We continued our journey undisturbed and already at half past 2 pm we showed up at Sesriem gates. We paid the park fees there and decided we would go to the Sesriem Canyon first. Outside it was about 30 degrees and we thought coming down to the canyon would be a good idea. There were plenty of cars at a parking place. We were afraid it would be crowded, but it turned out we were wrong. The canyon stretches quite a distance and all those people were kind of spread over a larger area, so it was nice to walk down at he bottom. And indeed, we could feel it was cooler by good couple of degrees compared to a parking area.

 

36607565990_97cca9360b_b.jpg

 

36816268246_900395c1eb_b.jpg

 

36195960563_4d7217c6aa_b.jpg

 

36864118701_85f4bd9524_b.jpg

 

36607550890_172fe96c55_b.jpg

 

Then we went to the Sossus Dune Lodge. We parked at a place under a canvas shade and did not wait long until the NWR vehicle appeared to get us to the lodge. After a welcome drink we were shown to main areas and finally went to our chalet. We liked an entire lodge very much. The setting is stunning and we could already see some dunes in a distance. There was a distinct scent which was pervading around the lodge area. Later we figured out it was coming from the bushes that were growing just beyond our chalet's terrace and elsewhere as well. It was most intense during a day, while almost not discernible both in the evening and in the morning. Since we have not asked a question to anyone at the camp we're clueless as to what plant it actually was. Having unpacked and rested a little we wanted still to see the Elim dune before sunset. So we packed some stuff and moved out of our chalets. At a reception we saw one of the lodge guides and asked him how much time we would need to climb the Elim dune. He said about 10-15 minutes. The dune itself is only about 5 km from the SDL so to get there was quick. We started to climb the dune at half past 4 pm.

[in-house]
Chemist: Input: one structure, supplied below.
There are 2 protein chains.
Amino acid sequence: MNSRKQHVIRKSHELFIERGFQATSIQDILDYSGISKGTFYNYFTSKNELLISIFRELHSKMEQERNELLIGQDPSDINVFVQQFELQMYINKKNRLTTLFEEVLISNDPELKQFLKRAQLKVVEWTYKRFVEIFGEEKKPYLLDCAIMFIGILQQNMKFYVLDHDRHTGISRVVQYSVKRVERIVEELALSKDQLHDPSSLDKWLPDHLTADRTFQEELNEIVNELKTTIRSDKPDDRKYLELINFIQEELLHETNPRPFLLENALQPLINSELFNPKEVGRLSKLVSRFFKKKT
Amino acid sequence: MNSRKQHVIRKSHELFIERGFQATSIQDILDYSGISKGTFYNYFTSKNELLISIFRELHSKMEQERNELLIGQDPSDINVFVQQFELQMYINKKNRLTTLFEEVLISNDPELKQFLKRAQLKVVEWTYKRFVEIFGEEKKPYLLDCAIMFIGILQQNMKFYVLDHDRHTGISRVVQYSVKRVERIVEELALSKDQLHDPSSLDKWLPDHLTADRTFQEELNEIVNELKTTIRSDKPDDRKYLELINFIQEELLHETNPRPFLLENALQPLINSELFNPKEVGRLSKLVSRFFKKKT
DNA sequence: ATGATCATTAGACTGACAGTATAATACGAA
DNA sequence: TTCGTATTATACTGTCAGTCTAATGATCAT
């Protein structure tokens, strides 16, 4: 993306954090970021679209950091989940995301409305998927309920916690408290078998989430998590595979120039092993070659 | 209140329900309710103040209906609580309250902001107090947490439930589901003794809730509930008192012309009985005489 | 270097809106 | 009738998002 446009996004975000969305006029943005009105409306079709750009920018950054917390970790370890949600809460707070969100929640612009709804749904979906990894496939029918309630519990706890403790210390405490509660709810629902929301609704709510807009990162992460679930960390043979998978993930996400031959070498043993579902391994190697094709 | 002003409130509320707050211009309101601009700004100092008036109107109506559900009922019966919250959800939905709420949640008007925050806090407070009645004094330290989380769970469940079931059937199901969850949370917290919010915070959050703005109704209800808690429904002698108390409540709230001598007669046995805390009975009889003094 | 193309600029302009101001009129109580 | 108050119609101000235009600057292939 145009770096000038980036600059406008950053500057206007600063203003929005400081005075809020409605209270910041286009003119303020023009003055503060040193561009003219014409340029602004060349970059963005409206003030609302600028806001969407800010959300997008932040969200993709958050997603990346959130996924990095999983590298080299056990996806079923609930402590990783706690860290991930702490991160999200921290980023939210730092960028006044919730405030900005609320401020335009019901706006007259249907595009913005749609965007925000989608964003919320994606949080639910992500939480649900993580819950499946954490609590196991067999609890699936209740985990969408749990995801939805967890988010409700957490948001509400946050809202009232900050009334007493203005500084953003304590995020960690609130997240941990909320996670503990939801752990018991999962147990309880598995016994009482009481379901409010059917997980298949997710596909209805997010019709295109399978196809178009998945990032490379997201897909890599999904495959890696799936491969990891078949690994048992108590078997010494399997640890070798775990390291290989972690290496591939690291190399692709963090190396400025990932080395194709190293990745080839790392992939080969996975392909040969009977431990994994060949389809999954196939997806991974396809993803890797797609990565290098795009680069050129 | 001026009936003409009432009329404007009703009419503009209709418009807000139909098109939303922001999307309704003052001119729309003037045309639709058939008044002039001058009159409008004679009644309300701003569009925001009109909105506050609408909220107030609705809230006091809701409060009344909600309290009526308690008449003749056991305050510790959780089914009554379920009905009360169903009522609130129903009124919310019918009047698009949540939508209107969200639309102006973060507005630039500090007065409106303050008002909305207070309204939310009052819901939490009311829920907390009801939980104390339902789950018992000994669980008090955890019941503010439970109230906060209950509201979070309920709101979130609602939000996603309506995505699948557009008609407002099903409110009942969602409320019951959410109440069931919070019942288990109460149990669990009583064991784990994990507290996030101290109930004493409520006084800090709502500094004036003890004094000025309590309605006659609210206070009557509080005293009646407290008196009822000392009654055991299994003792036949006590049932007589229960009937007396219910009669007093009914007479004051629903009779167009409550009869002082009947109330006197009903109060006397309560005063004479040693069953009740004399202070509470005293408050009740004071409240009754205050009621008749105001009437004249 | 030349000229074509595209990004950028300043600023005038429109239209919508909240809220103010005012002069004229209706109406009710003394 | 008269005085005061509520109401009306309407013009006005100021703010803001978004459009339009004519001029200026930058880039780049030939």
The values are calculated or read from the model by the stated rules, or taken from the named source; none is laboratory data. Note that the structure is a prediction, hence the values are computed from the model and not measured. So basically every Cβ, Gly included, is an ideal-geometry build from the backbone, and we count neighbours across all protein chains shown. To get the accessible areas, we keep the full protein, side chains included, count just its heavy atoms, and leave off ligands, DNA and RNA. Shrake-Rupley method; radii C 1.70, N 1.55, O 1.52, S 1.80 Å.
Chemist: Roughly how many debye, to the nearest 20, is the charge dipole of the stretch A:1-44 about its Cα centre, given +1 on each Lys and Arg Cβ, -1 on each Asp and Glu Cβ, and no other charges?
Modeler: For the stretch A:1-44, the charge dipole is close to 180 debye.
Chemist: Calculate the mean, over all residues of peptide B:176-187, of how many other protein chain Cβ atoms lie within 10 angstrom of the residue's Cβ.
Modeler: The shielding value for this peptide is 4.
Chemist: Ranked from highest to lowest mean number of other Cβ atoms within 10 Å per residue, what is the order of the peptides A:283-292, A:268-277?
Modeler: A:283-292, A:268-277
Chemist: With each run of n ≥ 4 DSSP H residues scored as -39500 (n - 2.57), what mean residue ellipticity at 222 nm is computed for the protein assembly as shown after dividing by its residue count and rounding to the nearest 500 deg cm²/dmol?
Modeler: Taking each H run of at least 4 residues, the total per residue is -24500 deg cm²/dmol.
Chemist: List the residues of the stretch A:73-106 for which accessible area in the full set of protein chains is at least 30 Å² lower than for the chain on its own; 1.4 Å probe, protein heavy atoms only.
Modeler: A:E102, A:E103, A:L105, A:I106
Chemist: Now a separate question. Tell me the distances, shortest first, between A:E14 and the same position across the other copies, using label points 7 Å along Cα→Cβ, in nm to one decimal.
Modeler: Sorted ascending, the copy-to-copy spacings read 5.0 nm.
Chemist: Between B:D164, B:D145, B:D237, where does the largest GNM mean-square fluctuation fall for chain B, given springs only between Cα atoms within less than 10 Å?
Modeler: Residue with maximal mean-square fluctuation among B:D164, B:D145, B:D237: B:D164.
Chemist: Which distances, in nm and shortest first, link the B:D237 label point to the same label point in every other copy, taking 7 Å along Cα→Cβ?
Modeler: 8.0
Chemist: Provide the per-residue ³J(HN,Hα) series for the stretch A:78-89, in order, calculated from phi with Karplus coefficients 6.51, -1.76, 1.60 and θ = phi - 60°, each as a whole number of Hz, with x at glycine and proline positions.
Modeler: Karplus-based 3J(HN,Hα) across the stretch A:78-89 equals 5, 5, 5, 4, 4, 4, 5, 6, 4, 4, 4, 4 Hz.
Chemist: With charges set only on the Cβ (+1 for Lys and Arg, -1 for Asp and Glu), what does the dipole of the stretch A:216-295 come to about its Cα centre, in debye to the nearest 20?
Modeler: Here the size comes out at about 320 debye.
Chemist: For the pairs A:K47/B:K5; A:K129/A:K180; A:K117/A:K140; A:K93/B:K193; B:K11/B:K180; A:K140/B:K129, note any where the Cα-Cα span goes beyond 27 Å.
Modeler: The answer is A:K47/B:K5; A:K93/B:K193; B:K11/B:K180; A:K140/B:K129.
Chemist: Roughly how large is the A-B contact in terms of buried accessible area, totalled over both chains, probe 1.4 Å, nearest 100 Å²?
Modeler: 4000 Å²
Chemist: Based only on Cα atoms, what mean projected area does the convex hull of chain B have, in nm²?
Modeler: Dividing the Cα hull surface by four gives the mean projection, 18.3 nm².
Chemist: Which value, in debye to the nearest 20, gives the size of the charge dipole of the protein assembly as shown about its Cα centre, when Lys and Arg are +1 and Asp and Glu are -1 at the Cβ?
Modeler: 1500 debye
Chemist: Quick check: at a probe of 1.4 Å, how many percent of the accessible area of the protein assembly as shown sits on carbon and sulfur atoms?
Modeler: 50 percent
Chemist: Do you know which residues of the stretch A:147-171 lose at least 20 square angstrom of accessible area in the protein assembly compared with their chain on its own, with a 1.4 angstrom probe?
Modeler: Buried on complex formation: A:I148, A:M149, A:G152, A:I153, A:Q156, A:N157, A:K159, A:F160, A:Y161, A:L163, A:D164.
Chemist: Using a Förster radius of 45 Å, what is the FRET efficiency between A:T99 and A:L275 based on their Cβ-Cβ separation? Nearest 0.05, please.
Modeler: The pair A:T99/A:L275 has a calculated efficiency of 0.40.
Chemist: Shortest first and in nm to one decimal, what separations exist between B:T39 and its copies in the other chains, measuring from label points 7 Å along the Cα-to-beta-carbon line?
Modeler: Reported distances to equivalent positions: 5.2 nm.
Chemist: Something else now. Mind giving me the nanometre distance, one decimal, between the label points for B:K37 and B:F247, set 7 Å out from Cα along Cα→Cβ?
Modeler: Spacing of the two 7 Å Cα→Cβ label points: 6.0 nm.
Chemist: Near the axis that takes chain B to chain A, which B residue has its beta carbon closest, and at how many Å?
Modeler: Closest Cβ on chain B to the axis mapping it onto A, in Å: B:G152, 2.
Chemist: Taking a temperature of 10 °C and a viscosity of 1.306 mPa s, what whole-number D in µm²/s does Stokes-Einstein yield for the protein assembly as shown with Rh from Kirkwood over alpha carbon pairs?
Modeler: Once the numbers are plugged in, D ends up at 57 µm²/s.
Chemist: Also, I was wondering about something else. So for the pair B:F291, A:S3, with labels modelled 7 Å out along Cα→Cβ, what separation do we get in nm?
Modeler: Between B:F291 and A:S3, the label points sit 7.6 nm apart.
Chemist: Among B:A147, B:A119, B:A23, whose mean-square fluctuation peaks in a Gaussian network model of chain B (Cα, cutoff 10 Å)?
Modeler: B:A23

Jeez, was the guide wrong !!!   It was really a hard work to go to the top of Elim. Not only did we fail to climb it in 15 minutes, but we were still not there after 40 minutes. We drank plenty of water on our way up as we were sweating profusely. The sand did not feel too compact and two steps up were always followed by sliding one step down (at least). When for a moment we thought we were reaching the top some new higher sections could be seen and this repeated a couple of times. I'm not even sure if we have reached the very top or not. But it was getting already late and we decided not continue any more upwards. Instead we just admired the landscape around from the place where we stopped. Again the views in the late afternoon light were something special.


36607549620_ac5a70cd85_b.jpg

 

36864115981_03f16effc6_b.jpg

 

At half past five we started our descent and reached the parking place pretty quickly. It was almost dark when we were back at the lodge. The dinner was excellent and that made our day.

 

tbc

Greg

 

 

5 people like this

Share this post


Link to post
Share on other sites

Beautiful sunset pictures :-)

1 person likes this

Share this post


Link to post
Share on other sites
On 31/8/2017 at 10:23 PM, garito01 said:

Not that I know of.

 

Greg

Sorry Greg to insist on this subject. Did you pass / open any gate going from the Lodge to the Arch in the night ? Thanks

Share this post


Link to post
Share on other sites

Hi @Levante, no problem at all. Yes, we had to pass the gates, which are normally closed. We got the key at a reception and we kept it with us.

Share this post


Link to post
Share on other sites

Create an account or sign in to comment

You need to be a member in order to leave a comment

Create an account

Sign up for a new account in our community. It's easy!


Register a new account

Sign in

Already have an account? Sign in here.


Sign In Now

  • Recently Browsing   0 members

    No registered users viewing this page.


© 2006 - 2017 www.safaritalk.net - Talking Safaris and African Wildlife Conservation since 2006. Passionate about Africa.